The United States remained the top export destinations of the Pakistani products during the first five months of the current financial year (2019-20), followed by the United Kingdom and China.
The total exports to the United States during July-November (2019-20) were recorded at $1744.415 million against the exports of $1698.809 million during July-November (2018-19), showing an increase of 2.68 percent during the period under review, according to the State Bank of Pakistan.
This trend was followed by UK, wherein Pakistan exported goods worth $728.120 million against the exports of $753.054 million last year, showing a decreased of 3.31 percent. China was the at third top export destination, where Pakistan exported products worth $727.480 million during the current financial year against the exports of $741.643 million during last fiscal year, showing nominal decrease of 1.90 percent, the data showed.
State Bank data calls China as third top export destination where Pakistan exported products worth $727.480 million during current FYAmong other countries, Pakistani exports to the United Arab Emirates (UAE) stood at $663.883 million against $538.786 million during the last year, showing increase of 23.21 percent while the exports to Germany were recorded at $533.048 million against $549.071 million last year, the data showed.
EXPORTS TO BANGLADESH
During the first five months of the financial year, the exports to Afghanistan were recorded at $432.465 million against $460.461 million whereas the exports to Spain stood at $380.249 million against $379.083 million. Pakistan’s exports to Italy were recorded at $324.971 million against $322.660 million last year.
The exports to Bangladesh stood at $297.676 million against $314.108 million. Similarly, the exports to Belgium during the current financial year were recorded at $226.668 million against $252.240 million while the exports to France stood at $188.902 million against $192.340 million.
During the current financial year, Pakistan’s exports to Singapore were recorded at $109.006 million compared to $119.586 million last year. The exports to Japan stood at $84.113 million against $91.932 million, to Indonesia $32.412 million against $138.031 million whereas the exports to India stood at $15.518 million during the financial year against $182.207 million during last year.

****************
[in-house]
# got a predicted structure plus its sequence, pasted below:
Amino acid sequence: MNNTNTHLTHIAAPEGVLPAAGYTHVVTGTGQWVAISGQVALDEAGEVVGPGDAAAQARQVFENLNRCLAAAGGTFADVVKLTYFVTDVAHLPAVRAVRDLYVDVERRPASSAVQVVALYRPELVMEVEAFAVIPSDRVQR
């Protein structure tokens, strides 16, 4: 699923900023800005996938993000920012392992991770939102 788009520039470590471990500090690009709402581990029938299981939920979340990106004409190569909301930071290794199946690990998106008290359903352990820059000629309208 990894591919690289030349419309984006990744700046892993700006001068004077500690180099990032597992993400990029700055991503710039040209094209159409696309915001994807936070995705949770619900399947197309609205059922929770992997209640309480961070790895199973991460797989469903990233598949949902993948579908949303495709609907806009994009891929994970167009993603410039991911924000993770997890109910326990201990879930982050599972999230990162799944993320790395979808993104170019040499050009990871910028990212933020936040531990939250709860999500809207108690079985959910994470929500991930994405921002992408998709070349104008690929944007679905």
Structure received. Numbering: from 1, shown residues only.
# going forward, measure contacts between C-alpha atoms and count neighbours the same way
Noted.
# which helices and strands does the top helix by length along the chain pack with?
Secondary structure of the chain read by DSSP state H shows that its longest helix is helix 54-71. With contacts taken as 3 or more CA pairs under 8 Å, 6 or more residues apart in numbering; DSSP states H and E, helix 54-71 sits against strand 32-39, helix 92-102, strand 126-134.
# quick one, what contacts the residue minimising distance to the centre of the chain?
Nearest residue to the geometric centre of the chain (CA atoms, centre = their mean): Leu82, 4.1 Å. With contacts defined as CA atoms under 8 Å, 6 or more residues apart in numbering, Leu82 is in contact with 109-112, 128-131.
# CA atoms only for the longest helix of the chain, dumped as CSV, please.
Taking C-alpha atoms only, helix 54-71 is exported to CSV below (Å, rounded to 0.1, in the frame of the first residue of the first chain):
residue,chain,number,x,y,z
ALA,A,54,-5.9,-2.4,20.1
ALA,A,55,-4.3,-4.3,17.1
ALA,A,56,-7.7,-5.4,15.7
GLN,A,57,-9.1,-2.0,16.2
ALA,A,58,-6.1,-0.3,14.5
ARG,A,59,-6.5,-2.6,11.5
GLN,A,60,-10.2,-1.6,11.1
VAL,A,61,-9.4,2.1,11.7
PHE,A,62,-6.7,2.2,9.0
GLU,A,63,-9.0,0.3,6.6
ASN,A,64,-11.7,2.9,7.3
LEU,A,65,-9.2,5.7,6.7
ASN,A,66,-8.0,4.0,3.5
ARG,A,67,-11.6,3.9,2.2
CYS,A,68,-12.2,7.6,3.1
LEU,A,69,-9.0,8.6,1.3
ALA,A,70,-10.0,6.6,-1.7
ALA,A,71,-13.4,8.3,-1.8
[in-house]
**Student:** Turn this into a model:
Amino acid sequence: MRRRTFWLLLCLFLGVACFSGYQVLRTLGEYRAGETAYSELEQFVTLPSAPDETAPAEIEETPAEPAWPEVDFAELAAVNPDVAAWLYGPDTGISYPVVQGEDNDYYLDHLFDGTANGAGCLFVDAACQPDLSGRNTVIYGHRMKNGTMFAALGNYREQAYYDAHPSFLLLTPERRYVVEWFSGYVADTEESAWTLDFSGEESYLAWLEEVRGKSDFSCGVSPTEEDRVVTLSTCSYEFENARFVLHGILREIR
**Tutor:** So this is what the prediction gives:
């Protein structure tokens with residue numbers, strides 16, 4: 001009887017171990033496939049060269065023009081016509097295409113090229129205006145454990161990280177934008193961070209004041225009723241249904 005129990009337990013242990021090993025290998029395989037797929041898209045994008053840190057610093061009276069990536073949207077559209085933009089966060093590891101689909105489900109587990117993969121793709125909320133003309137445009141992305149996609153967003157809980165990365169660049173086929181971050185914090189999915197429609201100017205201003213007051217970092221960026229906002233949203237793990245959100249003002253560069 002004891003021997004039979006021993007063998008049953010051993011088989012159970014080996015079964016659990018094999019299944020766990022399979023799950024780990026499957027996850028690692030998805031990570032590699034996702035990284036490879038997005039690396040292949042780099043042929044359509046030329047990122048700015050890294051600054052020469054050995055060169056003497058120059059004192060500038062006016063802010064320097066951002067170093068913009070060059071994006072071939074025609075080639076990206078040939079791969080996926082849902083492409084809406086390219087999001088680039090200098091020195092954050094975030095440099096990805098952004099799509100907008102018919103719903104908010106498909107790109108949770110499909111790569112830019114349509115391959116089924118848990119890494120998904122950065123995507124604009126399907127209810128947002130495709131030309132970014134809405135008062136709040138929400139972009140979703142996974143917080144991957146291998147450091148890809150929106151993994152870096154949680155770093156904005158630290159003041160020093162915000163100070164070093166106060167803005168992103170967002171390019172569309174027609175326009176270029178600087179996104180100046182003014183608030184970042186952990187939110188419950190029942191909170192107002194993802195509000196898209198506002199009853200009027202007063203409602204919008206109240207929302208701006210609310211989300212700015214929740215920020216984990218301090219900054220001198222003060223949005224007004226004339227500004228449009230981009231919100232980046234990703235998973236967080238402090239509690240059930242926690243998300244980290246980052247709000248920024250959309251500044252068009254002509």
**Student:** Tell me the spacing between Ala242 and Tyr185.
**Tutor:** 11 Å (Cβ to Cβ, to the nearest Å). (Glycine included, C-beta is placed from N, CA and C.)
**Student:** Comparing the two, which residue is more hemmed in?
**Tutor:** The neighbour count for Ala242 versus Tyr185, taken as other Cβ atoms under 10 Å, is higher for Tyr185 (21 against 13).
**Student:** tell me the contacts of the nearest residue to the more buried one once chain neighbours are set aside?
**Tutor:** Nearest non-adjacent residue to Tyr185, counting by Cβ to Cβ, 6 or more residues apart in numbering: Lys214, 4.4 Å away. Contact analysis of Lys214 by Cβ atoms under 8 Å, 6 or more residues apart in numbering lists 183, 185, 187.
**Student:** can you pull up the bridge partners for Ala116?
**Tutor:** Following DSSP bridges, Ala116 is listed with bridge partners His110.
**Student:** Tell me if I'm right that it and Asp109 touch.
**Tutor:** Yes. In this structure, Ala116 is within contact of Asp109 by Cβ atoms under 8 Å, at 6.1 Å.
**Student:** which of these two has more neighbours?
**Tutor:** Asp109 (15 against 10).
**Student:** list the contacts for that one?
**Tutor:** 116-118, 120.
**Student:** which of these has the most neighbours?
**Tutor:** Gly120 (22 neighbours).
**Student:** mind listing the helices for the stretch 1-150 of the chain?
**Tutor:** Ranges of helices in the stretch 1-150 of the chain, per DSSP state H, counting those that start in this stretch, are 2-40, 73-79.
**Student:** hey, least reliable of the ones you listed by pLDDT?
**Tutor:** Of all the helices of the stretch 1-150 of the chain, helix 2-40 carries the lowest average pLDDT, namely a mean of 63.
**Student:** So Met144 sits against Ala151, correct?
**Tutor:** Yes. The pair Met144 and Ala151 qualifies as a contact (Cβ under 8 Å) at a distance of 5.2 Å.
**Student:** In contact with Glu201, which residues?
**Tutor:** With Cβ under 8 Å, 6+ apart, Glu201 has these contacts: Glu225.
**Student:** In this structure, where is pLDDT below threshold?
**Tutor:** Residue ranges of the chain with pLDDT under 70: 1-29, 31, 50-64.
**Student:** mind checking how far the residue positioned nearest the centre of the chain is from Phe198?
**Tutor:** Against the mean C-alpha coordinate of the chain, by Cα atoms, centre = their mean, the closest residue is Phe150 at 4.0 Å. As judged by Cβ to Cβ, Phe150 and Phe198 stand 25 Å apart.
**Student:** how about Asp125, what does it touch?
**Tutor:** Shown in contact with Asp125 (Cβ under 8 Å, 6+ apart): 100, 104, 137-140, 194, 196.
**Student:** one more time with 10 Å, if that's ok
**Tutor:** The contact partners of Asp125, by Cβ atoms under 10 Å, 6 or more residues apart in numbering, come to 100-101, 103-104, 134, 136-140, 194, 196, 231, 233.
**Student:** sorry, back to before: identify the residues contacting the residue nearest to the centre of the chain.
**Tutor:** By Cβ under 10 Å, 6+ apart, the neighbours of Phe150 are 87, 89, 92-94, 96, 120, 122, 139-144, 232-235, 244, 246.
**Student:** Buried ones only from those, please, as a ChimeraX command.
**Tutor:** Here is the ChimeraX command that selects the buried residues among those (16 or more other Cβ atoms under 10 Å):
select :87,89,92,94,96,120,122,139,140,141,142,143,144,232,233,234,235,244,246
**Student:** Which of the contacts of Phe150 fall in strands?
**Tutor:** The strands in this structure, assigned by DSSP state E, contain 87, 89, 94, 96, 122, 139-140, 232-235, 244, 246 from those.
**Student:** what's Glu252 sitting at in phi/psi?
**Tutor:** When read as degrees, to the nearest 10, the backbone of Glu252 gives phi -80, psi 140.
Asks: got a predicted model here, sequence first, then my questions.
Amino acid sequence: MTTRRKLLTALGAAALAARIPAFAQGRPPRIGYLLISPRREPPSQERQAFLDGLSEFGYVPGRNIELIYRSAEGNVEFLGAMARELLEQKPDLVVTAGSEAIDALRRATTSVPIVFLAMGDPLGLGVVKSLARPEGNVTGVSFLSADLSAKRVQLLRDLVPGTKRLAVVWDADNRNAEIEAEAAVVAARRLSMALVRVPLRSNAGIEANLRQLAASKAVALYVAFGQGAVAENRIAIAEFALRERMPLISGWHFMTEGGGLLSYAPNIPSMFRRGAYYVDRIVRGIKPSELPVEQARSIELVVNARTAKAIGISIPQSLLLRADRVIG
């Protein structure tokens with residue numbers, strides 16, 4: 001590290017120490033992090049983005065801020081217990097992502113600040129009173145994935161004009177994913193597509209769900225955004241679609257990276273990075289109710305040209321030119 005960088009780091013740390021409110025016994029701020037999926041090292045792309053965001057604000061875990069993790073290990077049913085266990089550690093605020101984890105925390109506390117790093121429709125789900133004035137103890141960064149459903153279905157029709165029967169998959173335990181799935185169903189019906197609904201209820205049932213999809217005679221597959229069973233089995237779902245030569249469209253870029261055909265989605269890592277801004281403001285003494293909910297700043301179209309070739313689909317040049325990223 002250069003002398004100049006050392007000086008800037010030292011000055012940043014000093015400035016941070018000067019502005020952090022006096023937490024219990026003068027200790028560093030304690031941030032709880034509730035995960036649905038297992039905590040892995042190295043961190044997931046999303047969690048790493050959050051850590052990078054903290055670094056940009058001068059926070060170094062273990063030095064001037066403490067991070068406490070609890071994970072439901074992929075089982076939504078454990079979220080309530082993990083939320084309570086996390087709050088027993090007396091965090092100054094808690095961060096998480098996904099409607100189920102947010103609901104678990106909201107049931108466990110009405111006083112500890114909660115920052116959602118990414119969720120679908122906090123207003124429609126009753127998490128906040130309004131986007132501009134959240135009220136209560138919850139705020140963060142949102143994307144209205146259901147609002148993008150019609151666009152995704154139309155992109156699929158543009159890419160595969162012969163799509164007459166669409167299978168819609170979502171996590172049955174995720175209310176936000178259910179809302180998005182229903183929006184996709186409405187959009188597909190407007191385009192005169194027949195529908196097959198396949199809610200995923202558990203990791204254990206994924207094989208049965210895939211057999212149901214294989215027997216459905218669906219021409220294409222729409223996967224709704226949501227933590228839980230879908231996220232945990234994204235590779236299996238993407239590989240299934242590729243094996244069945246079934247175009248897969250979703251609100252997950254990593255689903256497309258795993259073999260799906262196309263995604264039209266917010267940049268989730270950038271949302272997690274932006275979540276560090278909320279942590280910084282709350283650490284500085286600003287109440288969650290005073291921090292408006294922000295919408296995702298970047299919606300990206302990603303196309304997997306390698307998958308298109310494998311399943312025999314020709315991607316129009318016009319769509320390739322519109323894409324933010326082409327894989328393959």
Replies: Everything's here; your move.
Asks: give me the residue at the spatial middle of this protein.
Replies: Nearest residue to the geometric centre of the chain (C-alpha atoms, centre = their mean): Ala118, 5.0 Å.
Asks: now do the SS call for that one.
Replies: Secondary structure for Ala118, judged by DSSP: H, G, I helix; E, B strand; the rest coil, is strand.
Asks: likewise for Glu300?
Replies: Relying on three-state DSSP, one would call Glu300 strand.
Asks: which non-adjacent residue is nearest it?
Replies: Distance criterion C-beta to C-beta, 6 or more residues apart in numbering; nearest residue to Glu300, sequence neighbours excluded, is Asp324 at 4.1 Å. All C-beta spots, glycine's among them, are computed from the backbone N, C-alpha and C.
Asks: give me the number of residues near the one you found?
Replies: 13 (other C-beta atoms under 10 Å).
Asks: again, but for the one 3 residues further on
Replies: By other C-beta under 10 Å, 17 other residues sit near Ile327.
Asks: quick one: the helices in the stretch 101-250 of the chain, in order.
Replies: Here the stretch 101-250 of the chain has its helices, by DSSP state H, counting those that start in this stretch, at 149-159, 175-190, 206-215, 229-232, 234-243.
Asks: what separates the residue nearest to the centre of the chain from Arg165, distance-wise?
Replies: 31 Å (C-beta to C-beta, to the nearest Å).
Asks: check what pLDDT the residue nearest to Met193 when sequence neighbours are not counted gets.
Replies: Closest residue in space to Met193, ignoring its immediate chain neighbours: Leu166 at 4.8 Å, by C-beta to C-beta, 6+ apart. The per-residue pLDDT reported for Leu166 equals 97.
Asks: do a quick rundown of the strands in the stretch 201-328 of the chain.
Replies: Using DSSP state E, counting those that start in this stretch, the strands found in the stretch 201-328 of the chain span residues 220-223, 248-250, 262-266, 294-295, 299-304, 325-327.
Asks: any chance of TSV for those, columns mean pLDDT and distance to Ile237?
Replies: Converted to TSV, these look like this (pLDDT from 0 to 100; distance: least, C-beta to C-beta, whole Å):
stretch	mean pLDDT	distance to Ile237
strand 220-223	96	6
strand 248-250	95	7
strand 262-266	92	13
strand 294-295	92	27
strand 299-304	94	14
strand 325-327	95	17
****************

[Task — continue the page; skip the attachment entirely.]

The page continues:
PACE OF EXTERNAL DEBT, LIABILITIES
In the recently-published quarterly report – The State of Pakistan’s Economy, the State Bank said that the pace of external debt and liabilities had slowed down during the first quarter (July-September) of the fiscal year 2019-20 as compared to same period of the last year.
The external debt and liabilities increased by $0.5 billion during the period under review compared to an increase of $0.9 billion during the same period of the last year. The report said that improvement in current account balance, revaluation gains due to depreciation of major currencies against the dollar, and higher external debt servicing were major factors that explain a slowdown in accumulation of the external debt.
Nonetheless, the first International Monetary Fund (IMF) tranche of almost $1 billion, and fresh disbursements of bilateral loans by China and multilateral loans by the Asian Development Bank (ADB) and the Islamic Development Bank (IDB), increased the stock of external debt during the period under review. It said that revaluation gains due to the depreciation of major currencies against the dollar reduced the dollar value of the country’s external debt by roughly $0.7 billion during Q1-FY20.
More than one-half of these gains were due to the US dollar’s appreciation against the Special Drawing Rights (SDR) during the period. Foreign investors (mainly from the US and the UK) took keen interest in government securities during the first quarter of FY20, as they made investments worth $0.3 billion in T-bills.
EXTERNAL DEBT SERVICING
This investment was an outcome of the continued improvement in the country’s BoP position and reserve buffers; sustainability of the exchange rate regime; and the comfort offered by the inception of the IMF programme. External loan disbursements more than doubled in the period under review over the same period last year.
Specifically, disbursements from commercial banks, ADB and IDB increased considerably. Most of these disbursements were for financing purposes (non-project-based). Pakistan’s external debt servicing amounted to $3.0 billion during Q1-FY20, up from $2.5 billion during Q1-FY19.
Similarly, principal and interest payments were both higher during the period under review, with debt servicing of commercial loans almost five times higher as compared to the last year. The interest payments on bilateral and commercial loans increased considerably in the first quarter of FY20 over the corresponding period of the last year.